December conjures images of Christmas filled with traditions: Christmas trees, favorite holiday decorations, stockings hanging on the fireplace mantle, and a fire burning in the fireplace. While we prepare our homes for these joyous occasions, we must also pay attention to some basic safety recommendations to prevent your holiday being interrupted by a fire in your home. Please take a moment to review some of these basic safety recommendations that will allow you to enjoy this season to the fullest.
Let’s begin our safety discussion using the example from holiday scene from the paragraph above:
Christmas Tree Safety:
Live Christmas trees from a combustion point of view, have wood, and needles. To prevent a dry tree from being a flame source, be sure to purchase a tree that is not dry. The needles should be green and spring back when touched. Once a tree is in your home, cut two to three inches off the bottom and place the tree in water to allow the tree to better absorb water. The water should be replaced daily. The tree should not block any exits from the room.
Decorations should be non-flammable. Christmas tree lights should have an approval seal from a nationally recognized lab such as one approved by the American National Institute of Standards. Tree lights should be turned off at bedtime. Please don’t be tempted to overload your wall outlets with lots of extension cords and 3-way plugs.
Finally, fireplaces should be inspected by chimney professionals. Use the recommended fuel for your fireplace. Flue should be open if in use. A screen should be in place when fireplace is in use. Protect your hands with appropriate gloves. Use fireplace specific tools. Keep children and pets away from the fireplace. Be careful handling ashes which may be hot or still burning. Extinguish the fire in the fireplace if you are not able to monitor it, and always extinguish the fire before leaving the house and at bedtime.
General Fire Prevention:
The fire triangle tells us that a heat source, a fuel source, and oxygen are needed for a fire to ignite. Let’s look at the paragraph above with the stockings hanging on the fireplace mantle and a fire burning in the fireplace. That satisfies the fire triangle and thus creates a risk of fire. Stockings are fuel, the fire in the fireplace the ignition source, and oxygen is in the air. Safety experts have a 3 foot rule for fire prevention in the home: Maintain 3 feet of distance between any flame and any flammable object. Candles as an example, are a favorite holiday decoration. Candles are often the cause of home fires. Candles should not be near flammable objects. Lit candles or any flame, for the same reason should not be within three feet of furniture, curtains, newspapers, or magazines. If you have pets, be especially careful that candles are not in a place to be tipped over.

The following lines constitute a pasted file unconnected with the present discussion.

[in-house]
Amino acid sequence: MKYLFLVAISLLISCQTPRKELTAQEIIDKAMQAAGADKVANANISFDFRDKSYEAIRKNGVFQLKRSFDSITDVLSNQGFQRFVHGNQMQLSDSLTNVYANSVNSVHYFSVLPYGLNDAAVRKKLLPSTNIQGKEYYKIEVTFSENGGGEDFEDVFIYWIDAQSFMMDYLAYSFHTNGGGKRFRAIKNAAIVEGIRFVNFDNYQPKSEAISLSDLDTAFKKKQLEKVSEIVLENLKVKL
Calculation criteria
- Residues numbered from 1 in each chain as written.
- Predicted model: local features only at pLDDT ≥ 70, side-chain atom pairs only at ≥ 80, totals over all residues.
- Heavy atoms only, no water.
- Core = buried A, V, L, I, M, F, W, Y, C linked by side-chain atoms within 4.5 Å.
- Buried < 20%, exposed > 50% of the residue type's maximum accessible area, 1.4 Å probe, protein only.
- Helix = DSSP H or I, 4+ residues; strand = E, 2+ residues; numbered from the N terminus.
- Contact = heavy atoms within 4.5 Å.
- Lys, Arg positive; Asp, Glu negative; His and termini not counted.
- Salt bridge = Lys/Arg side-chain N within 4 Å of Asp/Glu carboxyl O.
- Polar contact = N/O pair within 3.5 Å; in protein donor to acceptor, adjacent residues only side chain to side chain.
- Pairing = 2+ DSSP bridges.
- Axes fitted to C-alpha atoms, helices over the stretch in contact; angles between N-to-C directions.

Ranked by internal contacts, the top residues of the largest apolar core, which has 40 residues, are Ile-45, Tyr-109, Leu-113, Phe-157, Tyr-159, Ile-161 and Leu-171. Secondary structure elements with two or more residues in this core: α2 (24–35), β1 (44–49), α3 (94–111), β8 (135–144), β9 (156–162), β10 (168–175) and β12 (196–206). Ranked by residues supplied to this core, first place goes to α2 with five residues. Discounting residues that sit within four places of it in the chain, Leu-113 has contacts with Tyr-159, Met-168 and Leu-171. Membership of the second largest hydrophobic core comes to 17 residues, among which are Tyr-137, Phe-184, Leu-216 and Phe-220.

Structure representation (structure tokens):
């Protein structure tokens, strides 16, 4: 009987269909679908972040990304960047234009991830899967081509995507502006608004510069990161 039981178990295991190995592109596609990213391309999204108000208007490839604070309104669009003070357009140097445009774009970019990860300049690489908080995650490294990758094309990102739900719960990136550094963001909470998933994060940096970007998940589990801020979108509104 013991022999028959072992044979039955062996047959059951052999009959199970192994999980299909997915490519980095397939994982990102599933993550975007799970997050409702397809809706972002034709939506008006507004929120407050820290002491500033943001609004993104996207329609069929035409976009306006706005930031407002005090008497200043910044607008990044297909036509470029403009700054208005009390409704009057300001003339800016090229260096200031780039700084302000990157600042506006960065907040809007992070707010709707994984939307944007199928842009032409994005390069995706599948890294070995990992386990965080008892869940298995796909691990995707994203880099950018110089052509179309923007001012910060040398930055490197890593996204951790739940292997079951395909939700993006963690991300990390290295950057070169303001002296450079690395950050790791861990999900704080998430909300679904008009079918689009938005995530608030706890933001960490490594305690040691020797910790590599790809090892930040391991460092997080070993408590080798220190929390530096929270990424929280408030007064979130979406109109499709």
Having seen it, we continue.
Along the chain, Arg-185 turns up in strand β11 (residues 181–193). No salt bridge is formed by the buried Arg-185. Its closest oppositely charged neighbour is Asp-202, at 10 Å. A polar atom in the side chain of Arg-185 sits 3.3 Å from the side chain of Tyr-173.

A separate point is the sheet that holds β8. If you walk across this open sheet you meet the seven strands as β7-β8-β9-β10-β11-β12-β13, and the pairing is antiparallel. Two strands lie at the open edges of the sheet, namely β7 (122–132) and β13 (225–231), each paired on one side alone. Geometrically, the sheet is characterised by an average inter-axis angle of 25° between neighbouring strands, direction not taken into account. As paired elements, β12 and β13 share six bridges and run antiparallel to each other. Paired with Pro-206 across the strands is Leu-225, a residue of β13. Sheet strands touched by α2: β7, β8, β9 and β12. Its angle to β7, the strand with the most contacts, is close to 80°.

We love our Christmas Lights:
Lights can be a source of electrocution and fire. Before hanging Christmas lights look at each bulb on a string and the wire. Damaged bulbs can cause electrocution or shock. If bulbs are missing from the string, replace them. If bulbs are damaged replace them. Broken bulbs like any broken glass can cause cuts.
Do not string more than 3 strings of lights together.
Placement of light from a safety perspective depends on whether the lights are indoors or outdoors. Outdoor lights have contact with the ground, and therefore present an electrocution risk if in contact with water from puddles from snow or rain. Thus, these lights should be weatherproof and should be strung up. For the same reason plugs should not be placed directly on the ground. Christmas lights are not intended for long term use beyond the holiday season. Lights, whether indoors or outdoors, should have a seal of approval such as Underwriter’s or a lab certified by American National Standards Association. Always read the manufacturer’s instructions before stringing lights.
And to repeat an important tip, please don’t be tempted to overload your wall outlets with lots of extension cords and 3-way plugs.
We’ll wrap up with a safety tip regarding the use of ladders. Consider these tips as you prepare to get up on the ladder to reach Grandma’s special dishes or hang the special ornament to the top of the tree:
- Always keep the 3 points of contact rule. Maintain two hands and one foot, or one hand and two feet, when climbing or descending a ladder.
- Always inspect the ladder before use for any damage (e.g. broken steps, bent frames, frayed fiberglass, etc.)
- Always open an A frame ladder completely for proper use. An A frame ladder looks like the letter A when viewed from the side.
- Always make sure the feet of the ladder are on stable ground. The ladder should not be wobbling when you go to climb.
- Always use the 4 to 1 rule when leaning a non-A frame ladder (extension ladder) against the wall: For every 4 feet of height needed to climb, move the base of the ladder 1 foot away from the wall. Be aware of the gusty winds before climbing up to the roof.
- It is wise to have assistance or a spotter when using a ladder whenever possible.
We remind our readers that fire safety is aimed at fire prevention as well as having a fire action plan. All homes should have functional smoke alarms to alert you to a fire, fire extinguishers for use when appropriate for a contained small fire, and an escape plan in case of fire. And with visitors coming in for the holidays, make sure they know the fire plan as well.
Your Fire District family wishes you a joyous and safe holiday season!